President Biden Nixes Trump’s Planned Sculpture Garden Memorializing Antonin Scalia, Davy Crockett, and Other ‘American Heroes’

U.S. President Joe Biden has cancelled his predecessor’s plans to build a National Garden of American Heroes, which would have memorialized figures ranging from George Washington to Kobe Bryant.

In an executive order signed Friday, Biden rescinded six Trump actions, including two outlining plans for the garden and a third calling for harsh prison sentences for anyone convicted of vandalizing existing monuments, reports the Associated Press.

All three orders were part of the former president’s response to the Black Lives Matter movement. As protests swept the nation last summer, demonstrators toppled and defaced statues and monuments—mainly those commemorating Confederate leaders, but also other controversial figures, such as Christopher Columbus and George Washington, a slave owner.

Trump saw such moves as an attempt to tear down “America’s cultural heritage,” and deployed the National Guard to Washington, D.C., to protect monuments in June.

Protesters gather around the statue of Confederate General Robert E. Lee on Monument Avenue on June 6, 2020 in Richmond, Virginia, amidst protests over the death of George Floyd in police custody. Photo by Vivien Killilea/Getty Images.

Protesters gather around the statue of Confederate General Robert E. Lee on Monument Avenue on June 6, 2020 in Richmond, Virginia, amidst protests over the death of George Floyd in police custody. Photo by Vivien Killilea/Getty Images.

Days later, Trump issued an executive order reinforcing the Veteran’s Memorial Preservation Act, stating that the U.S. would “prosecute to the fullest extent possible under federal law” anyone who “destroys, damages, vandalizes, or desecrates a monument, memorial, or statue.”

“These statues are not ours alone, to be discarded at the whim of those inflamed by fashionable political passions; they belong to generations that have come before us and to generations yet unborn,” the order read.

Trump announced his plan to build a sculpture garden memorial last July 4, during a fireworks display at Mount Rushmore. It called for the garden, which was branded as “America’s answer to this reckless attempt to erase our heroes, values, and entire way of life” to be created by 2026.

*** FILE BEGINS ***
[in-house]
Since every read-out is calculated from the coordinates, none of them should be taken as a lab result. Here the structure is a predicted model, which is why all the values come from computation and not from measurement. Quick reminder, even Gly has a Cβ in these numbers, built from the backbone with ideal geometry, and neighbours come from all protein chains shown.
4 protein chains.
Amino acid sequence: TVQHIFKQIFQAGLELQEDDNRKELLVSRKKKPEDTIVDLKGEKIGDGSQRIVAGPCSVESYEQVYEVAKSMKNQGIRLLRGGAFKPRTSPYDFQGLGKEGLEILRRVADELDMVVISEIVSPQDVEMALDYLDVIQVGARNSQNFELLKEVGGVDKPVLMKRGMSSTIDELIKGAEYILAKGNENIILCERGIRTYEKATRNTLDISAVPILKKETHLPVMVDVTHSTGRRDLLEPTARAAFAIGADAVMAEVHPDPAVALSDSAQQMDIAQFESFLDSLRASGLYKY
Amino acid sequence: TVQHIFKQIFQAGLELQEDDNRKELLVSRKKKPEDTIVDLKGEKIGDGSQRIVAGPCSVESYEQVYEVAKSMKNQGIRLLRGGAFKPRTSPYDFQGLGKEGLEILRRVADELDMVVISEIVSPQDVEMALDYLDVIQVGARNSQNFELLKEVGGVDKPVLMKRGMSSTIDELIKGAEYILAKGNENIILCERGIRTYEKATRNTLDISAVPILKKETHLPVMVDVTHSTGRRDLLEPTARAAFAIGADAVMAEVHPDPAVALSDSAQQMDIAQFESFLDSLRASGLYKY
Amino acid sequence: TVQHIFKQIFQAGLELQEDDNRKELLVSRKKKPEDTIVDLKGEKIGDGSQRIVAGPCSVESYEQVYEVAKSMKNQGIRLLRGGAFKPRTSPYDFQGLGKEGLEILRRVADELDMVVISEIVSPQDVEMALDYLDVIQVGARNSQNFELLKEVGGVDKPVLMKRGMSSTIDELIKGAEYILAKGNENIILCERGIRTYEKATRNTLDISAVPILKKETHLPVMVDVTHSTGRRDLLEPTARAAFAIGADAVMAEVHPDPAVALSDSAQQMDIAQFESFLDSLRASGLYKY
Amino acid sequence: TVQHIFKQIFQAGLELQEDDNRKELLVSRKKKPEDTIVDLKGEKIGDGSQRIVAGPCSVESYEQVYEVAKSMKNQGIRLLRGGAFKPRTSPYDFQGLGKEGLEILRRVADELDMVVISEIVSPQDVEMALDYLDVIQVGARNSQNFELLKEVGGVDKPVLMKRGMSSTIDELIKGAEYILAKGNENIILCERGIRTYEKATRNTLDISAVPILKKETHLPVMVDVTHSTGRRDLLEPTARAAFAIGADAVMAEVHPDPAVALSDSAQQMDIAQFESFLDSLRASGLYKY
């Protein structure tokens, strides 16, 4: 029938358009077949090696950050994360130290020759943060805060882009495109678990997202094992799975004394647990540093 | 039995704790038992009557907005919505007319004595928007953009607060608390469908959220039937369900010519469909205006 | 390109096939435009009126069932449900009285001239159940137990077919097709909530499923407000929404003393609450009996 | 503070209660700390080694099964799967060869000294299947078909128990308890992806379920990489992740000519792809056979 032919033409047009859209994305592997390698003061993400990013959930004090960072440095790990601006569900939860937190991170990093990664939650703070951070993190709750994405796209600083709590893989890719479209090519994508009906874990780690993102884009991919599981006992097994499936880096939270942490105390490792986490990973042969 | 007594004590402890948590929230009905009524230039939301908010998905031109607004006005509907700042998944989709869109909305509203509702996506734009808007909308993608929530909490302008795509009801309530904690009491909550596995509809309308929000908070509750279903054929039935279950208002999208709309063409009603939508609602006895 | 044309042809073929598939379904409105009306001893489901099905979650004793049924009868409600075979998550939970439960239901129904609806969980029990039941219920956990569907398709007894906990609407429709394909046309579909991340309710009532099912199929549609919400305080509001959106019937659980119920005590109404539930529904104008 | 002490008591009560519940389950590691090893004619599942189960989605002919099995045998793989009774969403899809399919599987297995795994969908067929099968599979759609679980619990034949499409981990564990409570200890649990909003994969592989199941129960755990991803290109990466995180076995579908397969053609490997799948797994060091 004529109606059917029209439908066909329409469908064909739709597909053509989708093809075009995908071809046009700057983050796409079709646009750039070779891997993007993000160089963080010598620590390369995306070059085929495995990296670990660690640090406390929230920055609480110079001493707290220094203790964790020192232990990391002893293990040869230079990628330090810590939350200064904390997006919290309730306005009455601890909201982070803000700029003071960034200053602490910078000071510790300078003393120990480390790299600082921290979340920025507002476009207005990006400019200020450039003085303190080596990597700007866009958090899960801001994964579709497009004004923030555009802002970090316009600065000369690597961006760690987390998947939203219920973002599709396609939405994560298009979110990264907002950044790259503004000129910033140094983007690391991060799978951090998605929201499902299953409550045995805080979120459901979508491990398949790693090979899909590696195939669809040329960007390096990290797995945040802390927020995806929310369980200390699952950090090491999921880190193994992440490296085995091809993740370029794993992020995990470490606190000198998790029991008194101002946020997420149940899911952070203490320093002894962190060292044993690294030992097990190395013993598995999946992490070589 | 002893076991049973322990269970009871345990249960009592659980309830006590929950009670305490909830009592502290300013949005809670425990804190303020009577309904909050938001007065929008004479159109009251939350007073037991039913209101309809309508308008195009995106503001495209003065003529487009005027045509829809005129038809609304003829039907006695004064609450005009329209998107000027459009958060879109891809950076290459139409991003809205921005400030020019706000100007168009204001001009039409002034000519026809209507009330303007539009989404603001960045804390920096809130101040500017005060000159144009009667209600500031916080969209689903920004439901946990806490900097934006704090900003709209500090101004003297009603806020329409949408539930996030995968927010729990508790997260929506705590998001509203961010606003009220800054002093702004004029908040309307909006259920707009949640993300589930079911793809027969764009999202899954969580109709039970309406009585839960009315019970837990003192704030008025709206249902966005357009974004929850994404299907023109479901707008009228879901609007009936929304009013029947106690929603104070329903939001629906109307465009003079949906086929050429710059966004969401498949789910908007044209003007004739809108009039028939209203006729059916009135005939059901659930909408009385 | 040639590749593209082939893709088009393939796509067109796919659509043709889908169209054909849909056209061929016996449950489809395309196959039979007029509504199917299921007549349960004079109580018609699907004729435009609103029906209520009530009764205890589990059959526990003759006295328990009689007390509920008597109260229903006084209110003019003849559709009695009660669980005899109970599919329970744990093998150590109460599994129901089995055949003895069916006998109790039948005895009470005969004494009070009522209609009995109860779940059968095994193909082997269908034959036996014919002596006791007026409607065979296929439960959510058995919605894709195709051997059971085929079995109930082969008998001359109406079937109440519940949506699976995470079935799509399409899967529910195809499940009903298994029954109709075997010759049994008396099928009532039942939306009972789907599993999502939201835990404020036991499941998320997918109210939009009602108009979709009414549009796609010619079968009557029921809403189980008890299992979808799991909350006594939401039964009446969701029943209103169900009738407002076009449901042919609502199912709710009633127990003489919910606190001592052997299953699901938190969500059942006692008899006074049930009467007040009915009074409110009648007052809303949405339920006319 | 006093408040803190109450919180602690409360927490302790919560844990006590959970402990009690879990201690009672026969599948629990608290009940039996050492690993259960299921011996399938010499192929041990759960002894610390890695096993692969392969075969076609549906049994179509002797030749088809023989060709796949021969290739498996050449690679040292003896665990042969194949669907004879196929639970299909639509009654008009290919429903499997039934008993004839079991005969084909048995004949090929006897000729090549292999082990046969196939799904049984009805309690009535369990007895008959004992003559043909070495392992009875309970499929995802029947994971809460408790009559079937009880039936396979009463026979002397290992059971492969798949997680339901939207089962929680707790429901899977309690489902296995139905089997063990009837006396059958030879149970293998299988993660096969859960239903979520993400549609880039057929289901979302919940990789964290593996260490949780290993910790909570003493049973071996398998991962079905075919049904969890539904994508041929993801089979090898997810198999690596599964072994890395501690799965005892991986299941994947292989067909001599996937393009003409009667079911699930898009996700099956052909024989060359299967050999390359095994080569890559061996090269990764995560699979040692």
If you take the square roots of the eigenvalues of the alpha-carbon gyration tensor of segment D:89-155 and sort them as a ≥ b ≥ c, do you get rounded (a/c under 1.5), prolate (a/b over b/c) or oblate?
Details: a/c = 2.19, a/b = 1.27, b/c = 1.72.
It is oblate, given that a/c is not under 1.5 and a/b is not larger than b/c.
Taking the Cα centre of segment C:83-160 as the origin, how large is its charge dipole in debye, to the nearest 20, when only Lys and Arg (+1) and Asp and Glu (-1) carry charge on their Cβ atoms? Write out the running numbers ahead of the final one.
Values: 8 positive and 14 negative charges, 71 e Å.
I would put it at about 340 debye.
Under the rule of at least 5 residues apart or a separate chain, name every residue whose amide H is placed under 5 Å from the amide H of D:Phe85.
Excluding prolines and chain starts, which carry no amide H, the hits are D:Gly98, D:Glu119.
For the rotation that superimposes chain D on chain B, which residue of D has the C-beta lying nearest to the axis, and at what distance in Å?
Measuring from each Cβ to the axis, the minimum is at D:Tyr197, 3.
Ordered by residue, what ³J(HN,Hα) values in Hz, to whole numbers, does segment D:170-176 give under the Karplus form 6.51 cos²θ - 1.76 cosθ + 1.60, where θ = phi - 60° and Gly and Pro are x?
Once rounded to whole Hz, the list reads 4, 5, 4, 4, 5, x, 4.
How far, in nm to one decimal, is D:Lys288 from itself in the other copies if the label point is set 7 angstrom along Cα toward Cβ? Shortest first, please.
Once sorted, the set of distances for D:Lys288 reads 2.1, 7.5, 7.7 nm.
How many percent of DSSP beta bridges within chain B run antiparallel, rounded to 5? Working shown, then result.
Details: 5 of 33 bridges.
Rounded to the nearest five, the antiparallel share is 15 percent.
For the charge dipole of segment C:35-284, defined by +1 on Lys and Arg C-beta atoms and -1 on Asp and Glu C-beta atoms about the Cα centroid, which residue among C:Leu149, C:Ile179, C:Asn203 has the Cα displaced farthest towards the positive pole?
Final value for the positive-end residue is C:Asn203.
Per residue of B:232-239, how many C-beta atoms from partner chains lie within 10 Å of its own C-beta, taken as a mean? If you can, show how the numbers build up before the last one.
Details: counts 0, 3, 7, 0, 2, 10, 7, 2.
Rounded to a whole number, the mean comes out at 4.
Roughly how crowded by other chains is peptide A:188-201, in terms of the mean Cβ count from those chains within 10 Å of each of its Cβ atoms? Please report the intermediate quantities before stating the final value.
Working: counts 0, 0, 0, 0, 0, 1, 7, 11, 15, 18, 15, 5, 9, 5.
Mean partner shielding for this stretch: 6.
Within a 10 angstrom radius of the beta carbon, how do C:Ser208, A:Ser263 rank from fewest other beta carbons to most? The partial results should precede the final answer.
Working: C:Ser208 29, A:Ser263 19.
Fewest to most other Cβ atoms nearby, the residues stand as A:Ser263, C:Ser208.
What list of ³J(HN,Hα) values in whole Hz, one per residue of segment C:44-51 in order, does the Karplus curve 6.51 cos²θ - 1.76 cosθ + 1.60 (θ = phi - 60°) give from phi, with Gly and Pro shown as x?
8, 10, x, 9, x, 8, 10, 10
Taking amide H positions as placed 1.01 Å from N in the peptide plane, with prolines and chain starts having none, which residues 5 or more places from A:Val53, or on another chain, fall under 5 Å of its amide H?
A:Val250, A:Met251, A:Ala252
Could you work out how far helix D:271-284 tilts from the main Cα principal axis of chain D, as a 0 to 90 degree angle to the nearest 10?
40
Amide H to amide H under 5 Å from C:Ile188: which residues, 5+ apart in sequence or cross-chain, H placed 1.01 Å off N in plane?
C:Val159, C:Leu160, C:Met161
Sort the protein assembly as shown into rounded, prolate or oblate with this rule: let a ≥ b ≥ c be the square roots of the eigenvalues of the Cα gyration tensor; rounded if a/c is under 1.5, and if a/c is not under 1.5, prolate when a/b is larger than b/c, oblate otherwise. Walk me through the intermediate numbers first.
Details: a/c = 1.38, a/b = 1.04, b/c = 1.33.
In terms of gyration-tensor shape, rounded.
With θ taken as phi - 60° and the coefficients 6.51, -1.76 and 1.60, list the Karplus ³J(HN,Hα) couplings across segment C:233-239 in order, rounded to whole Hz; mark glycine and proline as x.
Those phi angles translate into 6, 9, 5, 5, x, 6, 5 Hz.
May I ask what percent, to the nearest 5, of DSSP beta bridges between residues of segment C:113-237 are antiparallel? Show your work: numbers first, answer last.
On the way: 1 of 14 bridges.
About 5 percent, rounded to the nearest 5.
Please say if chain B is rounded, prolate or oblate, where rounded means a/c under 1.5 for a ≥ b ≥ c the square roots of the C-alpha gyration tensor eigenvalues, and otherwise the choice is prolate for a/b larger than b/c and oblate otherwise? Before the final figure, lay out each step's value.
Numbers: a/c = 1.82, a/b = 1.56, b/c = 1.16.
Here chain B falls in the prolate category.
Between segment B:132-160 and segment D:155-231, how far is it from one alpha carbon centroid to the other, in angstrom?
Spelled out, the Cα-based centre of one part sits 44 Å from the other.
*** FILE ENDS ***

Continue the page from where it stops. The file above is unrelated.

A statue depicting Christopher Columbus is seen with its head removed at Christopher Columbus Waterfront Park on June 10, 2020 in Boston, Massachusetts. Photo: Tim Bradbury/Getty Images.

A statue depicting Christopher Columbus is seen with its head removed at Christopher Columbus Waterfront Park on June 10, 2020, in Boston. Photo: Tim Bradbury/Getty Images.

In one of Trump’s final acts in office, he revealed the garden’s planned honorees (even though it was clear the project would never be completed under a Biden presidency). The list contained 244 names, ranging from politicians to athletes to actors, all of whom were meant to represent “the greatest Americans to ever live.” It included Julia Child, Davy Crockett, Billy Graham, Whitney Houston, Harriet Tubman, Antonin Scalia, and Cy Young, among others.

The garden’s cancellation is largely symbolic since no congressional funding had been designated for the garden, nor had a site been selected.

Biden has also revoked a Trump order calling on the Department of Justice and the Federal Trade Commission to investigate the alleged censorship of Trump on social media.

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The Louvre’s President Makes a Media Tour to Defend His Controversial Stewardship of the Museum as He Fights for a New Contract

Jean-Luc Martinez, the president of the Louvre whose job security has been a matter of public speculation for weeks, has had his stay at the museum extended—at least temporarily.

Yesterday, April 13, the French culture ministry announced that Martinez would be named interim president as it continued to deliberate as to whether to renew his contract.

The government was due to announce yesterday whether Martinez, who has been president since 2013, would keep his job, but says the decision has been delayed due to the pandemic. Roselyne Bachelot, France’s culture minister, returned to work Monday after spending three weeks in a hospital with Covid-19.